Even the best meal can leave a bad taste in your mouth—and restaurants are inherently busy places. In his report, Noise and its impact on the perception of food and drink, from the University of Oxford, Charles Spencer found that “both background noise and loud music can impair our ability to taste food and drink. And more remarkably, that noise selectively impairs our ability to detect tastes, such as sweet and sour while leaving other tastes and flavors relatively unaffected.” Great designs for these spaces balance the necessary hard surfaces with soft furnishings and rugs and incorporate products like Filzfelt’s artful acoustical wall hangings, which provide excellent sound dampening and filtered visual privacy at the same time.

Prioritizing guest comfort

Walking into a hotel lobby should feel like a welcome relief from the world outside. Guest and waiting spaces are the first impression for guests and set the tone for their experience. Yet these are particularly challenging acoustical environments full of noise from people, elevators, phones, kitchens, carts, music, and more. Environmental acoustic treatments like modular acoustic ceiling tiles from Arktura help absorb unwanted sound in large public spaces, and they add interest, color, and texture at the same time.

Balancing privacy and openness

Fostering social interaction is important, but it’s also important to provide areas where guests can have private or small-group conversations or conduct phone calls or video calls without being overheard. Strategic placement of seating areas and the use of acoustic partitions helps strike a balance between openness and privacy in lobby spaces. In venues that configure and reconfigure—for events, receptions, and gatherings—flexible, modular, and movable acoustic solutions provide privacy solutions that can adapt to different uses.

Can you hear me now?

We must be able to hear each other talk. Hotel lobbies are social hubs where guests gather to relax, socialize, and conduct business meetings, often with competing acoustical interests and needs. These can be accommodated through good design. Effective acoustic planning reduces background noise, allowing people to have comfortable conversations at a normal volume.

Building brand identity

Whether it’s a bustling urban hotel, cafe, or restaurant, the acoustic environment should reflect the ambiance and atmosphere that the brand aims to convey. Acoustic solutions providers like Carnegie Fabrics have developed an expansive offering of beautiful acoustic solutions in 350 patterns, colors, and textures for walls, ceilings, baffles, and room dividers. That kind of range means there’s practically no limit to what you can do.


Healthcare Environments

Today’s healthcare environments are loud. And even top-ranked hospitals struggle to maintain a sense of calm in these busy spaces. Studies on acoustics in healthcare environments showed that average sound levels at iconic Johns Hopkins Hospital, for example, average around 45-50 decibels—20+ decibels louder than recommendations by the World Health Organization. Peak levels can exceed 85 decibels in some hospitals, making it difficult for patient-care teams to communicate with each other without resorting to raising their voices. And that further exacerbates the problem. This is good for no one. Not staff, not patients, not their families.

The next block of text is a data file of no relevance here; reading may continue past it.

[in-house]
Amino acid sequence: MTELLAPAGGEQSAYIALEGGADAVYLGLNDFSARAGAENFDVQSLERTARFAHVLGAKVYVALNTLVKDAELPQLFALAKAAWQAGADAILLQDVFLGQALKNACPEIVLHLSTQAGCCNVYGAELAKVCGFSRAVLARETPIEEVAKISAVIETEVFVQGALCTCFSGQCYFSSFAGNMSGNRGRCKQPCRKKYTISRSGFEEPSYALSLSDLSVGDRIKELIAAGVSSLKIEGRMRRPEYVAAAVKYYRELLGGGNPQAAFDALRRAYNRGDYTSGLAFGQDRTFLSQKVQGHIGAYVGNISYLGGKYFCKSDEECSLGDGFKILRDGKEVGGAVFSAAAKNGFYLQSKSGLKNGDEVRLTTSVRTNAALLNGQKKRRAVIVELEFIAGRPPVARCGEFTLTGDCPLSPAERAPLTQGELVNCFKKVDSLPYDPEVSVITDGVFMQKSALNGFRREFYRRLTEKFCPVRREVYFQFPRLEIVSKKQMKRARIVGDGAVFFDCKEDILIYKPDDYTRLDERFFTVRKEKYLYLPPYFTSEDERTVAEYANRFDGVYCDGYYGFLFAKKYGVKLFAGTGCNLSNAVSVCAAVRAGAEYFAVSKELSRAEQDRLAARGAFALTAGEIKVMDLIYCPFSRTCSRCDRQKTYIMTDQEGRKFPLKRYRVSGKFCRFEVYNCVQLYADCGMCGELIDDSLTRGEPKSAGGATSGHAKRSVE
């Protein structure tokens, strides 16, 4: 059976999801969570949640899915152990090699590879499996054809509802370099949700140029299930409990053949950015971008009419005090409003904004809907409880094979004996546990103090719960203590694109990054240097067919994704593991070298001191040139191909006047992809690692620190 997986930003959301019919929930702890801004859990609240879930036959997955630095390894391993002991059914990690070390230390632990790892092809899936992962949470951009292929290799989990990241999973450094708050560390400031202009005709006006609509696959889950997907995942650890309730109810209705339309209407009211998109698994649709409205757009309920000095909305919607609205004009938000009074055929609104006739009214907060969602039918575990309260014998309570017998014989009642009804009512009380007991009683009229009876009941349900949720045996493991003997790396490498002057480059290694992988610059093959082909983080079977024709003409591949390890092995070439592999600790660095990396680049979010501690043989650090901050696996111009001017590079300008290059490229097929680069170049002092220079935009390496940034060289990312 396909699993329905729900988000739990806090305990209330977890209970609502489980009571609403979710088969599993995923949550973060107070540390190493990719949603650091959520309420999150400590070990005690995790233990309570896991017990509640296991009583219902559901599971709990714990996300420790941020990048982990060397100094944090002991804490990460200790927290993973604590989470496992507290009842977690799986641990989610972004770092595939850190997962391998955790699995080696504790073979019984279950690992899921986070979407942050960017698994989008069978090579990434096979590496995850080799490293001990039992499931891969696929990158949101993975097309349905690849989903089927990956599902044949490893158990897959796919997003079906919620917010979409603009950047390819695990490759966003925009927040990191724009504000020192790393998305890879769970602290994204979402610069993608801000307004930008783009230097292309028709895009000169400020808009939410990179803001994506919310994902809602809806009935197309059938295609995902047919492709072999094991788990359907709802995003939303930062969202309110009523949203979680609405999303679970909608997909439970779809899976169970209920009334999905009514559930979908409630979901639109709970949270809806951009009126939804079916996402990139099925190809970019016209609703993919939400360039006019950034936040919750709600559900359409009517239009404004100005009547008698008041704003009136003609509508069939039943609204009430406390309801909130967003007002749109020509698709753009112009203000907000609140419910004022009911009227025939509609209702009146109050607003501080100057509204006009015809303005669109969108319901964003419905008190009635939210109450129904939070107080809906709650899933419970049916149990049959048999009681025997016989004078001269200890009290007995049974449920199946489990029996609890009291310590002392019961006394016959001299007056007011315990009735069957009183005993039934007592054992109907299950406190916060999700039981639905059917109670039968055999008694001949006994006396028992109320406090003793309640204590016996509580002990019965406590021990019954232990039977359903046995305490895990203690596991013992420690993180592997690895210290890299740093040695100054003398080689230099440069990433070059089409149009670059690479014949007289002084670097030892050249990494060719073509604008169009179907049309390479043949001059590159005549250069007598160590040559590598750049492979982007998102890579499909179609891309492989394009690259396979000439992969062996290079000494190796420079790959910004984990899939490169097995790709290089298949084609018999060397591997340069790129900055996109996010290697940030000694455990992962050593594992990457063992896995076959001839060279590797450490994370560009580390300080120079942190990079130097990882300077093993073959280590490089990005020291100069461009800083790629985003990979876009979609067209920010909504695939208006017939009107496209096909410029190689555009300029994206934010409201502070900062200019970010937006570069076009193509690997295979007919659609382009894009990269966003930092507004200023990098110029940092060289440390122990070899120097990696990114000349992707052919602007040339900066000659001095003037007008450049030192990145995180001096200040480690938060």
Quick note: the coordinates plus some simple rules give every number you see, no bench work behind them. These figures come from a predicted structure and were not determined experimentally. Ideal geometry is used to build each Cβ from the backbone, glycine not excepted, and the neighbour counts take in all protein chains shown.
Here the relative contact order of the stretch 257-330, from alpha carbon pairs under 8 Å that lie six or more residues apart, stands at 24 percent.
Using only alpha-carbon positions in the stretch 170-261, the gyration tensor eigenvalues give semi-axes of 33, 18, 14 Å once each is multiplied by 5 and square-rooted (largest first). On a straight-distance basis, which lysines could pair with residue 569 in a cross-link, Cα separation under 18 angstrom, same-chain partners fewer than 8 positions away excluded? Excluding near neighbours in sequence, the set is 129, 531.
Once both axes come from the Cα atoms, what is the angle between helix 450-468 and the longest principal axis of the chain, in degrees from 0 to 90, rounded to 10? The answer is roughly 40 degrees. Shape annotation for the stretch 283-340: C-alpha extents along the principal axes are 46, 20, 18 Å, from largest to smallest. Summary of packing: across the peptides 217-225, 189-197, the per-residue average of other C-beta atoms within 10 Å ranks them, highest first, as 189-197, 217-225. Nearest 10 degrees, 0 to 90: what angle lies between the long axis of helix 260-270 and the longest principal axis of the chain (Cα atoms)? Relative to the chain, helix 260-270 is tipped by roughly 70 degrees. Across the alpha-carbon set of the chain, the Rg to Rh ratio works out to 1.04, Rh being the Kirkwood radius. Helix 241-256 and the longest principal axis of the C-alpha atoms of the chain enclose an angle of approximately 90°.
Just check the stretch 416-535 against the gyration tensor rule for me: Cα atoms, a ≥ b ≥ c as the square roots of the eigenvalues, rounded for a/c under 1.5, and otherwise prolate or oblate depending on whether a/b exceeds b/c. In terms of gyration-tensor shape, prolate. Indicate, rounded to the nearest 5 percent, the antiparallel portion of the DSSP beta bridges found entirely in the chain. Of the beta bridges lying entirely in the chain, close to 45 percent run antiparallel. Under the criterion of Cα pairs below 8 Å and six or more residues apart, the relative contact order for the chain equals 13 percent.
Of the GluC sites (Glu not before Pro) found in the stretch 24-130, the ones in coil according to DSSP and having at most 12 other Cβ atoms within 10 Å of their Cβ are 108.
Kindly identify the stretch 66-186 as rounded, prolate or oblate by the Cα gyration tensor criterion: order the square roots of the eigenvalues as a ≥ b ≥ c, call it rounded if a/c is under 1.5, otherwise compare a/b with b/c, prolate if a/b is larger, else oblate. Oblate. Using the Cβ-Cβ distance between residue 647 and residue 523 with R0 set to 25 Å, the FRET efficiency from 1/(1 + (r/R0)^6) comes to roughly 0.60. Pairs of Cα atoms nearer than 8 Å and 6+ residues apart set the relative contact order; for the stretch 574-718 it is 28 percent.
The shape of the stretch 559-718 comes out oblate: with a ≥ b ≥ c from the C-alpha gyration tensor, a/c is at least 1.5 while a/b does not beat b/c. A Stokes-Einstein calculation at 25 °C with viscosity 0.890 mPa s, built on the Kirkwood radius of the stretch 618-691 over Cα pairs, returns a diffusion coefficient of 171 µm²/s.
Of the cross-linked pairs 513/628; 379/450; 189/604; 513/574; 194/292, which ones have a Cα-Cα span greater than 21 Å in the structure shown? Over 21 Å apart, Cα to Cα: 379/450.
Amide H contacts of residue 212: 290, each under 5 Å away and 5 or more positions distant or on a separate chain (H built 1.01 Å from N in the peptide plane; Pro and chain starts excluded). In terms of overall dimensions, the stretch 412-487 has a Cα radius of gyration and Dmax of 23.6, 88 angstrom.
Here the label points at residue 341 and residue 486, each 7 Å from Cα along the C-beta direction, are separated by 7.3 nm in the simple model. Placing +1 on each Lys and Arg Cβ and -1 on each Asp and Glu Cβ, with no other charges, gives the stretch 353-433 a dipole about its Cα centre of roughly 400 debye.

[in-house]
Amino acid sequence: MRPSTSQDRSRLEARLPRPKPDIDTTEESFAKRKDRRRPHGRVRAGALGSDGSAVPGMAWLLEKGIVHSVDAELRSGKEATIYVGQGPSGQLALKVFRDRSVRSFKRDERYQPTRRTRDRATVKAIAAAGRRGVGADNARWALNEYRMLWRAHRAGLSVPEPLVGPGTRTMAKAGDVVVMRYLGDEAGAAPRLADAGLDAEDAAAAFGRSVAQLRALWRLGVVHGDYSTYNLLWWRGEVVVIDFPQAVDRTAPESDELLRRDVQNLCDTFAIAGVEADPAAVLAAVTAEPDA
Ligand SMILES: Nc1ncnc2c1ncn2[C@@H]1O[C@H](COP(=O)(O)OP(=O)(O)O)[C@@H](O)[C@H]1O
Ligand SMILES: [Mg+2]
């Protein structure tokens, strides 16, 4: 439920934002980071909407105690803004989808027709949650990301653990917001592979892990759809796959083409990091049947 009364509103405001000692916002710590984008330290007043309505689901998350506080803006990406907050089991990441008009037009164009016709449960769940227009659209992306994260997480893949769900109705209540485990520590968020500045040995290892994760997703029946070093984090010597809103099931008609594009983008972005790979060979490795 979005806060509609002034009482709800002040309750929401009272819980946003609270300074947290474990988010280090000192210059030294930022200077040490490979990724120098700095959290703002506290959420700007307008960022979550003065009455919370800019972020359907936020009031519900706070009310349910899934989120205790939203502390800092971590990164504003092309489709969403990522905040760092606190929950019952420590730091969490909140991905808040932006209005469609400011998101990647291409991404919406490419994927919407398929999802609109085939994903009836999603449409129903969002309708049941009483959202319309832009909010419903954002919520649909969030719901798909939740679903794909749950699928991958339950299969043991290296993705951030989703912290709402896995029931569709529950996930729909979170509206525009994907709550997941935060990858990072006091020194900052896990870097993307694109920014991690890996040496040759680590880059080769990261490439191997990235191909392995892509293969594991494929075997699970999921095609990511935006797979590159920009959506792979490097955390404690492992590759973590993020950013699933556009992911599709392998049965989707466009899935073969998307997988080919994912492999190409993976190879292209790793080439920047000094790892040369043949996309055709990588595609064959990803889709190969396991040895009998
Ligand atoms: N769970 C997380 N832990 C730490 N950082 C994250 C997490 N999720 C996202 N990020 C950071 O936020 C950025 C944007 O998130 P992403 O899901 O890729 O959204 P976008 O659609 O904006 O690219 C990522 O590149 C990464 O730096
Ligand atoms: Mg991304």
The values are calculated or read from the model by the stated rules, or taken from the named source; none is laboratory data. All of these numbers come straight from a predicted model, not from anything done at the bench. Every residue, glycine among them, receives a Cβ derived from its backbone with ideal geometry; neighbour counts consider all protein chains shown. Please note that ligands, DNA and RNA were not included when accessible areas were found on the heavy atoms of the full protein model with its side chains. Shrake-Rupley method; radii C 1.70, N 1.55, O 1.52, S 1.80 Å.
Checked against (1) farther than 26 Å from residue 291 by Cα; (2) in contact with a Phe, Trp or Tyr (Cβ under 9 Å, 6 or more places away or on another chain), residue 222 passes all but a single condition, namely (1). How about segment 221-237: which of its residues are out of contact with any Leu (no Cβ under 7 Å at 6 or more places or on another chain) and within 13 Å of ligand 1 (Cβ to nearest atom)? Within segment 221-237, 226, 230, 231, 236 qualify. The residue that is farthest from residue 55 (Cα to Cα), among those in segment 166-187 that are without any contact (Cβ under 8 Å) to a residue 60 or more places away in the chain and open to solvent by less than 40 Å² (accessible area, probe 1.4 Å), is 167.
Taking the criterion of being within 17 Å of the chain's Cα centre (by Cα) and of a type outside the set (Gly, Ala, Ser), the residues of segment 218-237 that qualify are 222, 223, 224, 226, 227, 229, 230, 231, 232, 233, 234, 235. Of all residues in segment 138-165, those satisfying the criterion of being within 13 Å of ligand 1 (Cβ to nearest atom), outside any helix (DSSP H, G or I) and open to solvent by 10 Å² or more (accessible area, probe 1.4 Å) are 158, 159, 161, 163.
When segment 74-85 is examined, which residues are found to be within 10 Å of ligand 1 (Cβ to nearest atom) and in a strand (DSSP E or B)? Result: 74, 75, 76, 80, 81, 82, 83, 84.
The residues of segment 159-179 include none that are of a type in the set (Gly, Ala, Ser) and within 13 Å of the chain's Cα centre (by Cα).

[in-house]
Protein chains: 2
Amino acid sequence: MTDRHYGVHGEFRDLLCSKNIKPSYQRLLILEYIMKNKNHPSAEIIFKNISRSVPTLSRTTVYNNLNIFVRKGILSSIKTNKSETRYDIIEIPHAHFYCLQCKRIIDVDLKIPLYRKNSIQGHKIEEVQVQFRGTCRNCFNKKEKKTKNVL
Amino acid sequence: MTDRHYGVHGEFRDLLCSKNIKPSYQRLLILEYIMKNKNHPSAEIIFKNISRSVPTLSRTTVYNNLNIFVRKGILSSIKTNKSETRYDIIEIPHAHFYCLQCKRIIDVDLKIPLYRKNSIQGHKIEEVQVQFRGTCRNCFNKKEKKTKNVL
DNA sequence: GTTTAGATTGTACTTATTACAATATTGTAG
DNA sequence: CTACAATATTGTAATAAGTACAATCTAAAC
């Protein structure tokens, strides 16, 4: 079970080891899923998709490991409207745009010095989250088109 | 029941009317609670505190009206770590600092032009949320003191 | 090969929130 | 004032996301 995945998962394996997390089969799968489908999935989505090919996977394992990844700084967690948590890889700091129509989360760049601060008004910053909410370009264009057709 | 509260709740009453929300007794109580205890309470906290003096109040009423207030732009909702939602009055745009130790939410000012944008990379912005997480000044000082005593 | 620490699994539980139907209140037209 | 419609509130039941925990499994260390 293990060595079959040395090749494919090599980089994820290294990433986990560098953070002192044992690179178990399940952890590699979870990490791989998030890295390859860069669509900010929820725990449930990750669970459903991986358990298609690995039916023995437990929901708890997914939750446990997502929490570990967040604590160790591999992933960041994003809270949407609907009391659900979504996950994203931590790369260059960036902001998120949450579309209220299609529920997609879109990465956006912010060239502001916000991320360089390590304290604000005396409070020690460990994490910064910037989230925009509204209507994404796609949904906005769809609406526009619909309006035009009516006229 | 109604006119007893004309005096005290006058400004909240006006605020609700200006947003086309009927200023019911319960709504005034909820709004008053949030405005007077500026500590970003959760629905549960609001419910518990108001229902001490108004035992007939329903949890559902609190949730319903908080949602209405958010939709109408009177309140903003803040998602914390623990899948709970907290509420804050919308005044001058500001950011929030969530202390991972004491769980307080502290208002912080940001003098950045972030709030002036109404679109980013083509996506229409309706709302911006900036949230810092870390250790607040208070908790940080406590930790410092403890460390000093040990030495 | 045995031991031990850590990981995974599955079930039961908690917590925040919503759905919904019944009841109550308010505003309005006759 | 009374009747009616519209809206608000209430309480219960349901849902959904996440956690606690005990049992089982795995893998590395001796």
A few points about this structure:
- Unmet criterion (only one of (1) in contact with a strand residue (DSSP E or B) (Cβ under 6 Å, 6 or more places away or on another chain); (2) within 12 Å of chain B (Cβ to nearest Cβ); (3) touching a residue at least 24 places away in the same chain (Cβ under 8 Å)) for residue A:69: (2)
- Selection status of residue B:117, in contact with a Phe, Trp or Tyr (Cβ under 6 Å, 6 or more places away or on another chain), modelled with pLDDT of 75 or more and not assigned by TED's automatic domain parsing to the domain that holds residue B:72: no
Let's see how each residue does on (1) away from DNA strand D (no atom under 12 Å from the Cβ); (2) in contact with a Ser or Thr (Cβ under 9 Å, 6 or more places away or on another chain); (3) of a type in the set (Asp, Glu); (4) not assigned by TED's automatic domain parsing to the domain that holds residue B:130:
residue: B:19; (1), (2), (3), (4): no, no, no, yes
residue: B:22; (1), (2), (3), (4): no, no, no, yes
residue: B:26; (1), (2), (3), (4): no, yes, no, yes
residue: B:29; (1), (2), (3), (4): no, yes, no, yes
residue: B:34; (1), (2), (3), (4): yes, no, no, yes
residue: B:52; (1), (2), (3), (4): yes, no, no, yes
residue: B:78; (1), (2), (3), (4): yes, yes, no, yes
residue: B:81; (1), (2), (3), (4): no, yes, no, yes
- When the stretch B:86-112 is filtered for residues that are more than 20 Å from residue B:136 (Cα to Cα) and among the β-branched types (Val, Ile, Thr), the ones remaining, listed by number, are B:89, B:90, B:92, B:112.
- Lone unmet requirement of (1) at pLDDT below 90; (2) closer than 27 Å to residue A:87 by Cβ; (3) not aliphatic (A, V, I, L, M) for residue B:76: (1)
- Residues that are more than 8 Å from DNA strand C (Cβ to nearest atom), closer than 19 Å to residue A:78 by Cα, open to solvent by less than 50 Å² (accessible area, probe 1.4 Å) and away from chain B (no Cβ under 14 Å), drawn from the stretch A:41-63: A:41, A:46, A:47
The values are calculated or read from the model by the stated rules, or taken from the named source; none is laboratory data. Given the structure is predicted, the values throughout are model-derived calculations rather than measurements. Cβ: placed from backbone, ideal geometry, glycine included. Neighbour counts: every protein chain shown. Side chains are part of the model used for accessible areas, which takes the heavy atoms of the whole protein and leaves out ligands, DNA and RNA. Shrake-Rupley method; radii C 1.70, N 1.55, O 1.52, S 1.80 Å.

Patient comfort and healing

Healthcare facilities are inherently stressful environments for patients and their loved ones. Excessive noise levels from equipment, monitors, transports, conversations, and other sources can exacerbate this stress, affecting patient comfort and healing. Acoustical ceiling products are a must for controlling overall environment noise. Arktura’s SoftGrid family of modular acoustical ceiling tiles bring beautiful architectural design impact and create a more calming, supportive atmosphere conducive to healing.


Staff communication

Effective communication between healthcare providers and patients is critical for delivering high-quality care. Optimal acoustics in consultation rooms, treatment areas, and patient rooms ensure that patients understand instructions, diagnoses, and treatment plans and reduce the risk of misunderstandings.


And then there’s the matter of privacy. Healthcare environments are required by law to maintain patient confidentiality, and this includes sensitive discussions between patients and staff. Sound insulation measures in exam and patient rooms, such as soundproofing walls and doors, help maintain auditory privacy, allowing patients to discuss personal information without fear of being overheard.

Acoustics aren’t merely about reducing noise. By integrating products designed to manage acoustical distraction, businesses, learning environments, hospitality organizations, and healing spaces can create environments that foster more productivity, look great, foster the brand, and promote a healthier well-being among those who live, work, and gather in the space.

Contact WB Wood for help with integrating an acoustics strategy into your space.